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Innovation in the Independent School Business Model – How many levers are there?

by on March 29, 2017

This post is written in support and response of an article in the Spring 2017 edition of Independent School Magazine

Article: The Search for True Innovation: Examining Tuition, Compensation, and Class Size
By John Gulla, Executive Director, EE Ford Foundation

I read with great interest this article by John Gulla in the most recent edition of NAIS’s Independent School Magazine. Last summer, as MISBO was in the early stages of development and planning for the MISBO + IDEO Project, I spoke with John at some length about the proposed project along with my thoughts on the future of independent schools. He shared with me his thinking as well, much of which is expressed in this article which he was in the process of writing at the time.

John tells the story of his long-ago conversation with Pat Bassett (former president, NAIS) where Pat outlined his views of the limitations of nearly every independent school. Please note that this was about 20 years ago. The basis for the development of the current MISBO + IDEO Project is a direct result of the fact that our schools, school leaders, association, etc. have been talking about this known challenge for decades, yet little action has been taken to make real innovative changes. Pat indicated that there were three factors at the heart of the financial model (I prefer to use the term “business model” since the term “financial model” can be confused with a spreadsheet): what they charge (tuition), what they pay (compensation), and average class size. John provides some compelling reasons to take a close look at all three. I might argue that average class size actually drives compensation, but it is an important factor and I agree with their assessment that it can be viewed as a significant lever for a school to explore.

Tuition is the only significant driver of revenue for an independent school. However, from a business point of view there is little strategic design behind tuition setting. Most schools benchmark tuition against an appropriate group of peer schools and set their tuition at a similar level. Some choose to be at the median, while others may vary slightly higher or lower for a variety of reasons. The real question of tuition actually refers to net tuition – published tuition less financial aid. This may have a greater variance than the full-pay tuition amount, but schools still have essentially one product at one price. John suggests some alternative thinking about tuition and product offerings. How many of our schools actually look at this and consider that schools are selling a product? He uses the airplane example (very appropriate as I am writing this on an airplane) to suggest that our schools can look at other businesses for examples of different forms of pricing.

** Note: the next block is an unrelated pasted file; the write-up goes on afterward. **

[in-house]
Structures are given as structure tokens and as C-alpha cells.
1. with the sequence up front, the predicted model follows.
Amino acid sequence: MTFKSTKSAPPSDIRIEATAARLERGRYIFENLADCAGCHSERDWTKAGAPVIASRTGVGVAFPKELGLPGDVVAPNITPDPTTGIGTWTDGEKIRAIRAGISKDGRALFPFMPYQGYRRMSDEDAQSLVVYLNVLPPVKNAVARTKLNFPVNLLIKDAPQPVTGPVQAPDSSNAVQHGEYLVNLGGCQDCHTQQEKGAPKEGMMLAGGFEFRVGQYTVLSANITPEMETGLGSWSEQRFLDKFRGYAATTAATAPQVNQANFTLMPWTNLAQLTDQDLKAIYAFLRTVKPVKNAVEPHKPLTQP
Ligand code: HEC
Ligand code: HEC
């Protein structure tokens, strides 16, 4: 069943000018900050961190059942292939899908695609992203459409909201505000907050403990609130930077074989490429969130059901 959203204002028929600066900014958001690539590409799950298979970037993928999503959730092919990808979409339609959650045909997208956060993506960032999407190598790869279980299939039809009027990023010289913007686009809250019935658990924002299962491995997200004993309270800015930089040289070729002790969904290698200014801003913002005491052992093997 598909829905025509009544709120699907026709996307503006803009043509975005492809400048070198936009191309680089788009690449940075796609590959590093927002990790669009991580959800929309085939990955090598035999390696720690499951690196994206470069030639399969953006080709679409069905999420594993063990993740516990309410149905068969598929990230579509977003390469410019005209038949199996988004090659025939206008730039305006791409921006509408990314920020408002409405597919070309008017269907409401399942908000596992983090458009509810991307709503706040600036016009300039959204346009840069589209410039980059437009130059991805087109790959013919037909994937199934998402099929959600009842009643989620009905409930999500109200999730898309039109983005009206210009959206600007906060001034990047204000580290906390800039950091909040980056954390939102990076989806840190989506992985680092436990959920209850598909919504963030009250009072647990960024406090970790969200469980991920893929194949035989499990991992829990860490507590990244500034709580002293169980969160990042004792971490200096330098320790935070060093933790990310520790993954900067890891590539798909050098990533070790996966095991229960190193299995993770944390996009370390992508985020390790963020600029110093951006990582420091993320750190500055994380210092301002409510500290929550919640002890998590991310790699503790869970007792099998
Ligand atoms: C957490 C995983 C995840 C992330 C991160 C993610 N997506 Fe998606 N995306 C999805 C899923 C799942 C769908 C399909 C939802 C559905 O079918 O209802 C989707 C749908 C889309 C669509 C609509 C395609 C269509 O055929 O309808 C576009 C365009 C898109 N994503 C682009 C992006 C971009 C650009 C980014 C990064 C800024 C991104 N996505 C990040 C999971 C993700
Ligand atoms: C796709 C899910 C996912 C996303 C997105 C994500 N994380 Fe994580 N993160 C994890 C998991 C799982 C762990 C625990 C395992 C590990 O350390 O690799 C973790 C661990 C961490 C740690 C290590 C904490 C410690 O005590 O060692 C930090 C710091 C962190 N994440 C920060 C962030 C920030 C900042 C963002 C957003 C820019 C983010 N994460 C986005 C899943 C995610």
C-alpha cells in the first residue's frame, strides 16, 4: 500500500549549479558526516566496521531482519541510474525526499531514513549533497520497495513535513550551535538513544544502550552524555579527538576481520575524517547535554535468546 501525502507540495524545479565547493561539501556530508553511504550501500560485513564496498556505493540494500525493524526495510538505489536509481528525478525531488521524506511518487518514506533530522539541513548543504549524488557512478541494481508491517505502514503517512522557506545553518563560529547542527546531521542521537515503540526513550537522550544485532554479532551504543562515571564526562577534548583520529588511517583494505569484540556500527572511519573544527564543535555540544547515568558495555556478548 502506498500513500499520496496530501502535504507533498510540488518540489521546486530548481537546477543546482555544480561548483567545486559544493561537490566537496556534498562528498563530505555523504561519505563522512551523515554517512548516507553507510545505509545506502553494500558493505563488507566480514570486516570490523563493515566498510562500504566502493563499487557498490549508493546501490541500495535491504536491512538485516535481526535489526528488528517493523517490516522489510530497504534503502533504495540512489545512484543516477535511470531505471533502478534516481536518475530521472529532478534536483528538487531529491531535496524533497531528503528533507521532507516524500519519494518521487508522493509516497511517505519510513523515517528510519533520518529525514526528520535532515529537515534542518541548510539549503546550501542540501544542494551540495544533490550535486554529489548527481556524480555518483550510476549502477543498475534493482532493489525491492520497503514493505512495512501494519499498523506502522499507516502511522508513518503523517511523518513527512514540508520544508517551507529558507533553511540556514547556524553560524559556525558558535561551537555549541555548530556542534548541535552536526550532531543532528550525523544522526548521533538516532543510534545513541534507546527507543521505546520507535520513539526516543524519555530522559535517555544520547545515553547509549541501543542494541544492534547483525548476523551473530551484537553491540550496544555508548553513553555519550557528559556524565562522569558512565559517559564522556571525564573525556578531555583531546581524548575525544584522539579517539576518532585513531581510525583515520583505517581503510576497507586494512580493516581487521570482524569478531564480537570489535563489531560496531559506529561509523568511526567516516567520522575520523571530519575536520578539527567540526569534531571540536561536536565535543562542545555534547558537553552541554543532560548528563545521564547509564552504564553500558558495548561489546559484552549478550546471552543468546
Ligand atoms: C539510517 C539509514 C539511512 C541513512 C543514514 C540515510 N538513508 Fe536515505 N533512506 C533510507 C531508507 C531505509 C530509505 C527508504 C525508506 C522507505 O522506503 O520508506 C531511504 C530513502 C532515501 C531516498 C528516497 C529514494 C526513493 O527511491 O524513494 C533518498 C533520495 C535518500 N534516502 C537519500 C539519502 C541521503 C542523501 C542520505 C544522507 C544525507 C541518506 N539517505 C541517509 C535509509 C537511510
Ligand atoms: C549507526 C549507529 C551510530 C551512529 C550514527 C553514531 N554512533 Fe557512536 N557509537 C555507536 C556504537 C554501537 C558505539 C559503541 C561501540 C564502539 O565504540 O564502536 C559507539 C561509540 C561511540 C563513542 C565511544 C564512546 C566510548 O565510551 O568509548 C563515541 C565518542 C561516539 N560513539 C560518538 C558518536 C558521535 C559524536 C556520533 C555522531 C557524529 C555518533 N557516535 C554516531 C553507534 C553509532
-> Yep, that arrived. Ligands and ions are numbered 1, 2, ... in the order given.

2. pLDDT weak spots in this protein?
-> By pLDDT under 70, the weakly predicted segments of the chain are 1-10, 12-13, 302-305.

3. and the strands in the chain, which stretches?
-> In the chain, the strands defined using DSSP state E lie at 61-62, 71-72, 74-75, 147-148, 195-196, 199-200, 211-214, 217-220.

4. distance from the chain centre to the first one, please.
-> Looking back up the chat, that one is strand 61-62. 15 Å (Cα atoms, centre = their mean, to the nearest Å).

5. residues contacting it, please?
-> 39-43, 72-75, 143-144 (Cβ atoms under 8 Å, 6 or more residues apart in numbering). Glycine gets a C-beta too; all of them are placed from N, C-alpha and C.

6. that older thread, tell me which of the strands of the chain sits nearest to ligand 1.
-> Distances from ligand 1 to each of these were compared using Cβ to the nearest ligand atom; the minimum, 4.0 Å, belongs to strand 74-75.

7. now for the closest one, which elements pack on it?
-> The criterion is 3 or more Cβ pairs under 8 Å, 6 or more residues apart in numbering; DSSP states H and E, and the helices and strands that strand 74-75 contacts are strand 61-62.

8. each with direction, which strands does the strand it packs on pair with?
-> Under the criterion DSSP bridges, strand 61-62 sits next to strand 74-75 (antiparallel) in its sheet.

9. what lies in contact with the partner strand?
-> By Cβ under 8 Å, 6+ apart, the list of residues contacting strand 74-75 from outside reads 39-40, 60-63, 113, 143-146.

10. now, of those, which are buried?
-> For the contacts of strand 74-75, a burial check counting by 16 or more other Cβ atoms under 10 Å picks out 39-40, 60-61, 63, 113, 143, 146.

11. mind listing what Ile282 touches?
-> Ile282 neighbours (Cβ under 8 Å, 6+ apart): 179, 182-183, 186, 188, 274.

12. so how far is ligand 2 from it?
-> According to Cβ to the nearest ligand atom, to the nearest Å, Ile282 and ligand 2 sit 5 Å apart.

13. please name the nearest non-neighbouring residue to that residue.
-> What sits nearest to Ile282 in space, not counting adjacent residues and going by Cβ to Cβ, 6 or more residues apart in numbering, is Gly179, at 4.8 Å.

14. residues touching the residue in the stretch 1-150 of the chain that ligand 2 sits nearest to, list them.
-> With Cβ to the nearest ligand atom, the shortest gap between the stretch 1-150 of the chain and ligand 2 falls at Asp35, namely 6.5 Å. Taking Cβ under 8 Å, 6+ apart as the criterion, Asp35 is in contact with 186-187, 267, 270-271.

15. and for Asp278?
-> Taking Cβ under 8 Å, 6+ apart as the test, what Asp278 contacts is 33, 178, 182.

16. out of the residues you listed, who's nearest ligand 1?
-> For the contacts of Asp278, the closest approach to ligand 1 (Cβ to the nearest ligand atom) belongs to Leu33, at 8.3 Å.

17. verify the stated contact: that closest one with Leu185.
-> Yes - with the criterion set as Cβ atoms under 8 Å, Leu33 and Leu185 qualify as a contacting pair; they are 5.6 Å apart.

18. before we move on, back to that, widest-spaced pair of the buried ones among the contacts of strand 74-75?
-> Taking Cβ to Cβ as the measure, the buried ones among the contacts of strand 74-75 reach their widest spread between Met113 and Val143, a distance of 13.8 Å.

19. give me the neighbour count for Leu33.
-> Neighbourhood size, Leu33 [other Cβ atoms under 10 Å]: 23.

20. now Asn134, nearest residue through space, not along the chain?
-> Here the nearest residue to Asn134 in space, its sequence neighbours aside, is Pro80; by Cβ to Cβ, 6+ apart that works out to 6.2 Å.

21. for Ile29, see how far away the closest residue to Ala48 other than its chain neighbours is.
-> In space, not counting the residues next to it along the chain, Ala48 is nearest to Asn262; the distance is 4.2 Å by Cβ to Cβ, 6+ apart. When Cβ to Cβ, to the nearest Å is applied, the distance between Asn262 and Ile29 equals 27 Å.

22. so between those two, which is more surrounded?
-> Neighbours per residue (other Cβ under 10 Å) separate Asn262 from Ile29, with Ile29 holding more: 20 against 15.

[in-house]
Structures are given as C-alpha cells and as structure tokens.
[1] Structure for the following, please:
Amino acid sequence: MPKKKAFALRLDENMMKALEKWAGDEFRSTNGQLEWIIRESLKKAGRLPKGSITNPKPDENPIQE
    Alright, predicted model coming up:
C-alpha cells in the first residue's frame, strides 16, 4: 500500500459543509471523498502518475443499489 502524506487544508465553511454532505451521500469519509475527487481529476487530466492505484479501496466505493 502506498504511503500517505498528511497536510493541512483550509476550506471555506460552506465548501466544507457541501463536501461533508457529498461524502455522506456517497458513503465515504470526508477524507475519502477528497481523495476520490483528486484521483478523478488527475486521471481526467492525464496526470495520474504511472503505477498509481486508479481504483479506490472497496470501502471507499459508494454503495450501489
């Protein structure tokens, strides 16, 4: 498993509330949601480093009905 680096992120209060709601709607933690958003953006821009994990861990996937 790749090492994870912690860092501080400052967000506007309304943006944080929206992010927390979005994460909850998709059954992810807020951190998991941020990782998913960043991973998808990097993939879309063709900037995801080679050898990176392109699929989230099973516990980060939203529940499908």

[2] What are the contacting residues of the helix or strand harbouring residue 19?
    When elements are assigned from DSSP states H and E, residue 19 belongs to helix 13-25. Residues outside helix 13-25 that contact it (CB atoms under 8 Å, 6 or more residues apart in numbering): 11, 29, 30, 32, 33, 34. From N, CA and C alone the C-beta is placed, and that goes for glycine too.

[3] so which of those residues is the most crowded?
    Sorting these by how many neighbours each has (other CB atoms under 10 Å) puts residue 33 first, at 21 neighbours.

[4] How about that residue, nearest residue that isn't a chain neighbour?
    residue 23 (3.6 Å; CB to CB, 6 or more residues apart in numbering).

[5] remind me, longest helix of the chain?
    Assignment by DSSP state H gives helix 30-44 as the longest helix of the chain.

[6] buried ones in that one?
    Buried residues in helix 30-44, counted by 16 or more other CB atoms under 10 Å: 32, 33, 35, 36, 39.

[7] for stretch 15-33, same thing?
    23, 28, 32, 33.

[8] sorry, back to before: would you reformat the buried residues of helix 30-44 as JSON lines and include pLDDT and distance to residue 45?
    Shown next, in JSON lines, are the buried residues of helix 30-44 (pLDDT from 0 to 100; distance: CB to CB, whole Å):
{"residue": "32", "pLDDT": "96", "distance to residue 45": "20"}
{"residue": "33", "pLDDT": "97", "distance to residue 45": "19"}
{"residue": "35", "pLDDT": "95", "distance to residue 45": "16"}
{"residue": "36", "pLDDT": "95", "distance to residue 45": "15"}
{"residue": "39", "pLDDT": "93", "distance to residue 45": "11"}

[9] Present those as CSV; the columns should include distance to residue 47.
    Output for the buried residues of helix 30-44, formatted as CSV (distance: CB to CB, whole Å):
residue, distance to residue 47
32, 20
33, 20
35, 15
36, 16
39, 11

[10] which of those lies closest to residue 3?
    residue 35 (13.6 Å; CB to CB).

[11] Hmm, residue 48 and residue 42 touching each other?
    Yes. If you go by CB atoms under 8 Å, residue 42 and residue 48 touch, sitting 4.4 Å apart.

The second lever is on the expense side and that is of course compensation. I actually believe that this is a place where our schools have much more opportunity to be innovative. It is not just about salary levels, but also the full picture of staffing (all faculty, staff, and administration). Class size is certainly a factor, but John presents some models that may disrupt the long-held beliefs about class size. Michael Horn, in his recent book, Blended, discusses various modalities of blended learning and new ways to think about teaching and learning which may challenge our long-held beliefs. Michael also presents scenarios where blended learning can significantly reduce both compensation and facilities costs. This is happening now at many schools. Equally important is John’s challenge to us to consider the viability of a compensation system that essentially only rewards longevity without a similar correlation to performance. I agree with John and I am a strong advocate of transparency, but most of our schools have salary and compensation systems that reward longevity in many ways.

We all know that the number of employees has grown at our schools over the past 20 years. In an effort to provide a great array of programming and services we have added a large number of non-faculty positions. Another factor has been the dramatic increase in the compensation for our heads and subsequently all senior administrators. Add to the higher costs the fact that nearly all of our schools are top heavy with administration and this just adds to the challenge of keeping our largest expense in control and therefore controlling the increases in tuition.

I end with this quote from John: “I encourage schools to think more boldly, more courageously, about these “fixed” elements of our financial models – about our pricing, our compensation, and our classroom quantization.”

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